Greg Biffle won last Sunday's race at the California Speedway -- his second in the last three races, counting the 2004 season-finale at Homestead, Fla.Biffle talked about his Roush Racing team during his post-race interview and what he expects for the rest of the season. Here are excerpts from that press conference:
Question: Is this victory a sign of things to come?
Biffle: I don't know. I'll let everyone else figure it out. This is the second race of the season. We had a decent run going at Daytona and the 48 car (Jimmie Johnson) moved up on us a little bit there and I tried to avoid wrecking him. That got myself in a position where I ended up getting spun out, but I think so.
Question: What are your thoughts on the lower spoilers and softer tires?
Biffle: I still feel the inch of spoiler that was taken off was a pretty significant amount. That was a lot of spoiler. They took a half-inch away last year and then to take a whole inch was a pretty bold change. It wouldn't affect me if they put it back on or not, but what I did find kind of ironic was that my car today -- I don't know about everybody else's car -- my car was real bad behind other cars. If I'm coming up through there and I could get maybe six car lengths from (Jamie) McMurray, I stalled out. I couldn't do anything and it was just one car by itself. My car would quit turning to the bottom. It's the same problems that we always have when you're behind another race car. I don't think we really got a true feeling for what the new package is going to be like. When we go to Texas or Atlanta, that's when you're going to see something.
Question: Did the new qualifying rules at California, which included the impoundment of the cars after qualifying, change the way you approached the race?
Biffle: I left a lot of that up to (crew chief) Doug Richert and the car chiefs. I feel they're one of the best in the garage at preparing these race cars and they did just a great job getting it ready to go. We approached it like we felt we should have. We spent a lot of time working on race trim because we only had two hours of practice. Normally, we have that much time to work on race trim, but we had to work on that and qualifying, so we made one qualifying run at the very end. Our car was so fast that we knew you can't change it much to qualify, so why spend a bunch of time with that, but we did. We qualified it and we were way too loose qualifying and I felt that's where I needed the race car for today. But I came to find out I was still too loose in the race.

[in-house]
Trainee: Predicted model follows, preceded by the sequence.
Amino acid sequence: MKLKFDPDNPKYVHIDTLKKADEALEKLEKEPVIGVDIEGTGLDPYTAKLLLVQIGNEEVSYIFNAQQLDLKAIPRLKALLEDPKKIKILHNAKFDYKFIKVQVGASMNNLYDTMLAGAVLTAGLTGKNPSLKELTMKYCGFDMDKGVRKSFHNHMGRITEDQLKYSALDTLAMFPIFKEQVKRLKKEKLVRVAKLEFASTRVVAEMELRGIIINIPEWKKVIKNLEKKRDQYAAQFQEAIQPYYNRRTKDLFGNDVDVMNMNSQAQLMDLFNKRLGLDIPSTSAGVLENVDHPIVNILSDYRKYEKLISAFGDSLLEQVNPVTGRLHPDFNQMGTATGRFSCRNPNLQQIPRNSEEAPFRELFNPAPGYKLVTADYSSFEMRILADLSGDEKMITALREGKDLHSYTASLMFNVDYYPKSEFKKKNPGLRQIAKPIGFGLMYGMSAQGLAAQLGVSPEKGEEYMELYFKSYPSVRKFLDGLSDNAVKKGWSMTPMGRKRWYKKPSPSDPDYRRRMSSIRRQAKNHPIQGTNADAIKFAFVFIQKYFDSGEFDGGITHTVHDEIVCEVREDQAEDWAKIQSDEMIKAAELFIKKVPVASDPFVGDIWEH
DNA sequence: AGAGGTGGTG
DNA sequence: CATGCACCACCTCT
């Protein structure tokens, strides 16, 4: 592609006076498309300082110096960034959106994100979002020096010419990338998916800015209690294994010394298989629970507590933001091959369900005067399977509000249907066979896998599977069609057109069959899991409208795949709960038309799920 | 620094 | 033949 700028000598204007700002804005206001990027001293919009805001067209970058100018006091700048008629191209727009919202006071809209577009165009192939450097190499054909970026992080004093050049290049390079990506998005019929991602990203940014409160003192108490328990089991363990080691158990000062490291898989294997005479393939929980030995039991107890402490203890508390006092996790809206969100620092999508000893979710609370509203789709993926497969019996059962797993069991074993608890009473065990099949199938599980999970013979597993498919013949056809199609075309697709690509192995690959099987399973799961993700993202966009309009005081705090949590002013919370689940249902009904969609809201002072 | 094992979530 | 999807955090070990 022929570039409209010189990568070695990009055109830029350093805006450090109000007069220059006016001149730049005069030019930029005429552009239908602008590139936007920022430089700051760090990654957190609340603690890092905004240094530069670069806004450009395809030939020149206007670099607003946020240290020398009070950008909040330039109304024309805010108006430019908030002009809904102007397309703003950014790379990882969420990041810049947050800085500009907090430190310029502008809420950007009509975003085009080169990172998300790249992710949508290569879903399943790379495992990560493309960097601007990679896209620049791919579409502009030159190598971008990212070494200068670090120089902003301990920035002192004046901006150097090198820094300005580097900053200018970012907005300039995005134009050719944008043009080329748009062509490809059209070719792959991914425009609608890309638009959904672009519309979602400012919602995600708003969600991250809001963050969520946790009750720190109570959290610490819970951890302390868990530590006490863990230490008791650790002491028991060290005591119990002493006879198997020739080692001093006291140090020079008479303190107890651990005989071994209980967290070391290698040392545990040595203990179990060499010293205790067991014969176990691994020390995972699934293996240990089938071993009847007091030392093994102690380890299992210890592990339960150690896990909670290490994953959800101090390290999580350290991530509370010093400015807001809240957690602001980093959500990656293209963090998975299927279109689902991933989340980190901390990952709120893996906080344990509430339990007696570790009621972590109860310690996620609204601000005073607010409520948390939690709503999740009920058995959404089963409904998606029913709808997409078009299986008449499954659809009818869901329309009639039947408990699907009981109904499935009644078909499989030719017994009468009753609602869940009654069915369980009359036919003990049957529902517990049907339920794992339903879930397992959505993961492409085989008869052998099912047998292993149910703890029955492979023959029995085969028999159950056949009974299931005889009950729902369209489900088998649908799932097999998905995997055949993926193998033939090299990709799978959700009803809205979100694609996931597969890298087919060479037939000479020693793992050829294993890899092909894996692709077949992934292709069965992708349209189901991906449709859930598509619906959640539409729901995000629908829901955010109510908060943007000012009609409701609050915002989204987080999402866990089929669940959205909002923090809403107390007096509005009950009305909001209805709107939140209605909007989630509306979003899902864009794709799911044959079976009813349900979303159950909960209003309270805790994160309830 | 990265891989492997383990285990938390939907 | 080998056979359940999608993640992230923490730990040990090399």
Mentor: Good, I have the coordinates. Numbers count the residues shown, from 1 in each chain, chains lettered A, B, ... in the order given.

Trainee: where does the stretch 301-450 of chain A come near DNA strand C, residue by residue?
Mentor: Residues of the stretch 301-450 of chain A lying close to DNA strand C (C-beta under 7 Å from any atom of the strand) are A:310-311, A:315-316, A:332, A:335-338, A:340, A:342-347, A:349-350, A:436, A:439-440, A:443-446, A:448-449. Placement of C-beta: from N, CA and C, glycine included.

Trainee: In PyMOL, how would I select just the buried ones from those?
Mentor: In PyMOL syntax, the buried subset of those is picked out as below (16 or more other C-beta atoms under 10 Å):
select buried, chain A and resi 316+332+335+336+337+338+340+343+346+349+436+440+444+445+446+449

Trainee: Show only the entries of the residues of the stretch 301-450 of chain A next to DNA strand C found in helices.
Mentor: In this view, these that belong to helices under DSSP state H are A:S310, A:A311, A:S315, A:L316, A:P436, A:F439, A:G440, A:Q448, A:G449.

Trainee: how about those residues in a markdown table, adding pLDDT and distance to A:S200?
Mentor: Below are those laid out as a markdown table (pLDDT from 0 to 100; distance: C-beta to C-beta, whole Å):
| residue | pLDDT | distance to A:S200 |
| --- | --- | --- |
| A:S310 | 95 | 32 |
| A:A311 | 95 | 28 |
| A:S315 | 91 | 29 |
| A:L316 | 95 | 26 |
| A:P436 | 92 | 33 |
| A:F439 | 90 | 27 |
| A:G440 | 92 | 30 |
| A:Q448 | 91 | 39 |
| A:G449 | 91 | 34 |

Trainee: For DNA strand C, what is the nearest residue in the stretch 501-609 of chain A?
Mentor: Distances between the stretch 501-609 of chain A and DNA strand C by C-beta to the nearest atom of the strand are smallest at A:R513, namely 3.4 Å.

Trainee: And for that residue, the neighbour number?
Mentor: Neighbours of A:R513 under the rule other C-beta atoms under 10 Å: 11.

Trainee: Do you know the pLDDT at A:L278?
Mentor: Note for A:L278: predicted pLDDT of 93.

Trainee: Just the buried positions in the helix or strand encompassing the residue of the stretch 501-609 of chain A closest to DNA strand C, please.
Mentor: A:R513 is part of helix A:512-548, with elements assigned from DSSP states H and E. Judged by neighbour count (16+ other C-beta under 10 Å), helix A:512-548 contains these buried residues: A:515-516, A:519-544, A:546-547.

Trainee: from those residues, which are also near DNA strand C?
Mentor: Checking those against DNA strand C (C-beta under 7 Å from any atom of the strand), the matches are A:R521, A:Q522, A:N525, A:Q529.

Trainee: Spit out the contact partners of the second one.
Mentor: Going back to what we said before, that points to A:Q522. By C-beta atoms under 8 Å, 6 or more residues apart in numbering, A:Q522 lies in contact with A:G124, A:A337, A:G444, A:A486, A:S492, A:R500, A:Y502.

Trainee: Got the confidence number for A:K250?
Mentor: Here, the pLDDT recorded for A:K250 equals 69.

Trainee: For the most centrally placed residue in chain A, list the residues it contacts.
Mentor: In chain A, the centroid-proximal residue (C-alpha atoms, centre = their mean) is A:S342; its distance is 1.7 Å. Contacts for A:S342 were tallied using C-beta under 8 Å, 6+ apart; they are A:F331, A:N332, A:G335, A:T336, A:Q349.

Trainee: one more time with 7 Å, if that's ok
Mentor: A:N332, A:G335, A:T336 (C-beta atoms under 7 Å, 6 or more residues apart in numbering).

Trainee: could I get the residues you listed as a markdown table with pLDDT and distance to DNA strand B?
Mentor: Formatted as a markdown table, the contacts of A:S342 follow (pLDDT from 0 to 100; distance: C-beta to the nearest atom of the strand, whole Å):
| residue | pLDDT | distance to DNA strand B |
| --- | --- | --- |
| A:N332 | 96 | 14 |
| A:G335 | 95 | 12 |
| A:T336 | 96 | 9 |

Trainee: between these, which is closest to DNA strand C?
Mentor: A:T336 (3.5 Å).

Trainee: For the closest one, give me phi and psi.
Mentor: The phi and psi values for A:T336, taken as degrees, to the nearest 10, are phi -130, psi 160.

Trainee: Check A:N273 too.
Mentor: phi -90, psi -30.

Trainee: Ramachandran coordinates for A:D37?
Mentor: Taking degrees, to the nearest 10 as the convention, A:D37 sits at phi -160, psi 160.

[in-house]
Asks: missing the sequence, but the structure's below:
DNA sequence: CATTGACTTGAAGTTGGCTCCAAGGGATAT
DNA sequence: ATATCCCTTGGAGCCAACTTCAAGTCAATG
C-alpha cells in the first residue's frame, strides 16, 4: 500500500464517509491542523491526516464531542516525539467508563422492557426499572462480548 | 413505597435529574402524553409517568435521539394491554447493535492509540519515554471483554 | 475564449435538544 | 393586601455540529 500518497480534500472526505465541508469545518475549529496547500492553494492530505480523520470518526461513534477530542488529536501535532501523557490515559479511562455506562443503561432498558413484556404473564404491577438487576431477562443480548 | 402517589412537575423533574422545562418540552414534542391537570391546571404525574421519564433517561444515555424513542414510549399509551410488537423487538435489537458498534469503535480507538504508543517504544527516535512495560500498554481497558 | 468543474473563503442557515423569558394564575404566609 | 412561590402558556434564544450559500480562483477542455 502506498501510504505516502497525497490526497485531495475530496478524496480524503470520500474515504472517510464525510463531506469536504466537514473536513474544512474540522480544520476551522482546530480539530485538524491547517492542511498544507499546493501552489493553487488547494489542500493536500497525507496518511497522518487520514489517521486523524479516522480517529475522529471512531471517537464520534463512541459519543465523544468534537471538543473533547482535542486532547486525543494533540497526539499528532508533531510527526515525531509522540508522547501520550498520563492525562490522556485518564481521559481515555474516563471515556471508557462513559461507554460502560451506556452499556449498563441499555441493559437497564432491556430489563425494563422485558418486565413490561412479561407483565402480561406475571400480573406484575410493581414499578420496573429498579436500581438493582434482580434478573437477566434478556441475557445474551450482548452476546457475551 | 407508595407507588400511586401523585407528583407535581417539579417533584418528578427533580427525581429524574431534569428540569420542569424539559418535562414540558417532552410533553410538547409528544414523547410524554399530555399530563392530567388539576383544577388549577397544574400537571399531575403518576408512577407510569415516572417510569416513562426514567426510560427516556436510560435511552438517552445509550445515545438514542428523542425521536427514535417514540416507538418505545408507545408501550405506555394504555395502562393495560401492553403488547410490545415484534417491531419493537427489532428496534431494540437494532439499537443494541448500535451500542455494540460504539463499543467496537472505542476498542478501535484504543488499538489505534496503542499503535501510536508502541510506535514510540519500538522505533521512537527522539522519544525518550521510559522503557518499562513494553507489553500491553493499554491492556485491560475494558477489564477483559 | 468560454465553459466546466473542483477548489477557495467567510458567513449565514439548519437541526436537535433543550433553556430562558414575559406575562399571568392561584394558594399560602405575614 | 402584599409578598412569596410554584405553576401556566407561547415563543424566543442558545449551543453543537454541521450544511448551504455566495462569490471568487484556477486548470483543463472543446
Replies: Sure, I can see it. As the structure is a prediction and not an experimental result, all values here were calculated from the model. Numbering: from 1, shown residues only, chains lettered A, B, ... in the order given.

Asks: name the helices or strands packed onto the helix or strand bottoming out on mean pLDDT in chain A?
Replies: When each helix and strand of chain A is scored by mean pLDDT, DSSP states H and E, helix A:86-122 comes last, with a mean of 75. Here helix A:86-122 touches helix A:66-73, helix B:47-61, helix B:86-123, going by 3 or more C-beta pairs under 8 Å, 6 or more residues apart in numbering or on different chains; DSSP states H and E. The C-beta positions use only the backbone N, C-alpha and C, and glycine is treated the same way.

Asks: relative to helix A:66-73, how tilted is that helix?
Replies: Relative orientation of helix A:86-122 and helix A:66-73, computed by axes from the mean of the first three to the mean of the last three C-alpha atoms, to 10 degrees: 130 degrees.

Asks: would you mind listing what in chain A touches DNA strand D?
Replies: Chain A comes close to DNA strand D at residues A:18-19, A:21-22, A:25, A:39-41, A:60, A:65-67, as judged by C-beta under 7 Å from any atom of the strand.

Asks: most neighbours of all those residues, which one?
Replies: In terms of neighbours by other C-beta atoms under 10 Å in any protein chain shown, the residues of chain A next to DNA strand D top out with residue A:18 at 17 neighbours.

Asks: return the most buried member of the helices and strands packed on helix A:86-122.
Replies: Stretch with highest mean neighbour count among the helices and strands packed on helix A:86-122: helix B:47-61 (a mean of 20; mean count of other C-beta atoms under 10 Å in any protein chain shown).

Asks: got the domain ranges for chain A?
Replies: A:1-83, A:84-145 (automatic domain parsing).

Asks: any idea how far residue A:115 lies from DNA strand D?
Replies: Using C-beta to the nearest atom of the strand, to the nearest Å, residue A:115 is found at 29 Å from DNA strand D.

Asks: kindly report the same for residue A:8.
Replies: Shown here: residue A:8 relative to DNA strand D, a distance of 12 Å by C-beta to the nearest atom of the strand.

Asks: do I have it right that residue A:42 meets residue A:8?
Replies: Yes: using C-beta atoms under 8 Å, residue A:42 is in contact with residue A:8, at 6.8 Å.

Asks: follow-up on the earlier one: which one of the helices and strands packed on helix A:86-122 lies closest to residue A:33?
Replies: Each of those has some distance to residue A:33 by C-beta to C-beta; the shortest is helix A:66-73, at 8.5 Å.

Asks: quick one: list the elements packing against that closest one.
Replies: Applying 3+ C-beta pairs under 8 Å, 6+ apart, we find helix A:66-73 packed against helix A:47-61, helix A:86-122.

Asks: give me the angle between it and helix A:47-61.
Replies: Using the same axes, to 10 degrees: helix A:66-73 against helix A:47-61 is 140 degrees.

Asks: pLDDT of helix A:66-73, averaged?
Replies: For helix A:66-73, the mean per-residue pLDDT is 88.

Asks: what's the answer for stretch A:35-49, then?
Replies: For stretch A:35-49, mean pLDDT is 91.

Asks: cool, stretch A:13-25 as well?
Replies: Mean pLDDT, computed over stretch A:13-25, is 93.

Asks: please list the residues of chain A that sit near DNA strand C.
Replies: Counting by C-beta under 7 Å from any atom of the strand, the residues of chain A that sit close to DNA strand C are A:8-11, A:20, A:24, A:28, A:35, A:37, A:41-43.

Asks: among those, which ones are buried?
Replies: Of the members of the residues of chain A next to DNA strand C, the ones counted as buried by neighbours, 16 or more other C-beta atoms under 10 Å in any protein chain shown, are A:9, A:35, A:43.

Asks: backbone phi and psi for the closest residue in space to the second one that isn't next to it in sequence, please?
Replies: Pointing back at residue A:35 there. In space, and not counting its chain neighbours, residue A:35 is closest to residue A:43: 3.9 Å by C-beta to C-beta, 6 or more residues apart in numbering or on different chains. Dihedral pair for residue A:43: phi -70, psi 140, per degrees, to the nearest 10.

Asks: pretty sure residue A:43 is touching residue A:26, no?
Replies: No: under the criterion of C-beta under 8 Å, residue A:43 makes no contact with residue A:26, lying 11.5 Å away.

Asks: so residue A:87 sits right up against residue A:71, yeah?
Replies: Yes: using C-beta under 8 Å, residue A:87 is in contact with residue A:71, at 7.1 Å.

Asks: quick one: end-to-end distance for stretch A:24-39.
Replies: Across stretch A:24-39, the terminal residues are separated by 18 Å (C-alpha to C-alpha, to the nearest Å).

Question: Do you feel all five Roush Racing cars are up to the same speed?
Biffle: I really think it kind of speaks for itself today. I think almost all of our cars led a lap. It just says how strong our organization is and how well we share our information and how good our wind tunnel people are. I think it says a lot for our engine program. We saw a lot of engine failures today from different teams and our engines ran really good. This place is hard on engines -- a lot of throttle-on time here, and I think it speaks for what is to come this season with our cars. I think Kurt (Busch) is going to be really tough. I think Kurt's looking good and he's concentrated on repeating his championship.
Question: What will the victory at California mean for the rest of the year as far as confidence?
Biffle: It means a lot to me. We're going to have to be tough. I think our team is capable of making the Chase. I'm going to have to dig deep at Loudon and Martinsville and all the other places that we race that are in the Chase. That's what's going to determine my future is how hard we work and how focused I can stay on those racetracks and perform well. I don't know what to say. I know Jimmie (Johnson) and Kurt (Busch) are going to be very tough. There are going to be some other guys that are going to be tough -- the 24 (Jeff Gordon), all of our teammates, Mark (Martin) and Matt (Kenseth) and Carl (Edwards). Shoot, (Edwards has) got a limited amount of experience, but he's shown a lot of promise. All of us have equal equipment, it's just about track position, who had a good pit stop, who didn't, whose engine didn't have any problems, got enough fuel mileage, can stay out. All of those things play a factor when you've got equal equipment. It's anybody's game.
Question: Compared to Daytona, were the Fords better at California?
Biffle: One thing you've got to look at when you compare that is you've got to compare how many Fords there are in percentage and how many teams are there? There are only two teams -- it's (Robert) Yates and us. If neither one of us hit on it, there aren't going to be any Fords in the front, and restrictor-plate racing is a funny thing. It's very tough to get your car to handle and to get your car to be fast -- to have the right amount of downforce -- to have friends on the racetrack. I was trying to win the Bud Shootout and I've got the 24 (Gordon) behind me and the 48 (Johnson) in front of me. I was dead in the water, but my car was OK at Daytona. There were some cars that were faster, but I don't know. We like to focus on this stuff more than Daytona and Talladega because there are 32 of them and only four of those. Whether you're going to get caught up in a wreck or not is like rolling the dice as well at those places. Here, you stand a better chance of your own destiny by staying out of an accident or something. So that's the way it goes.
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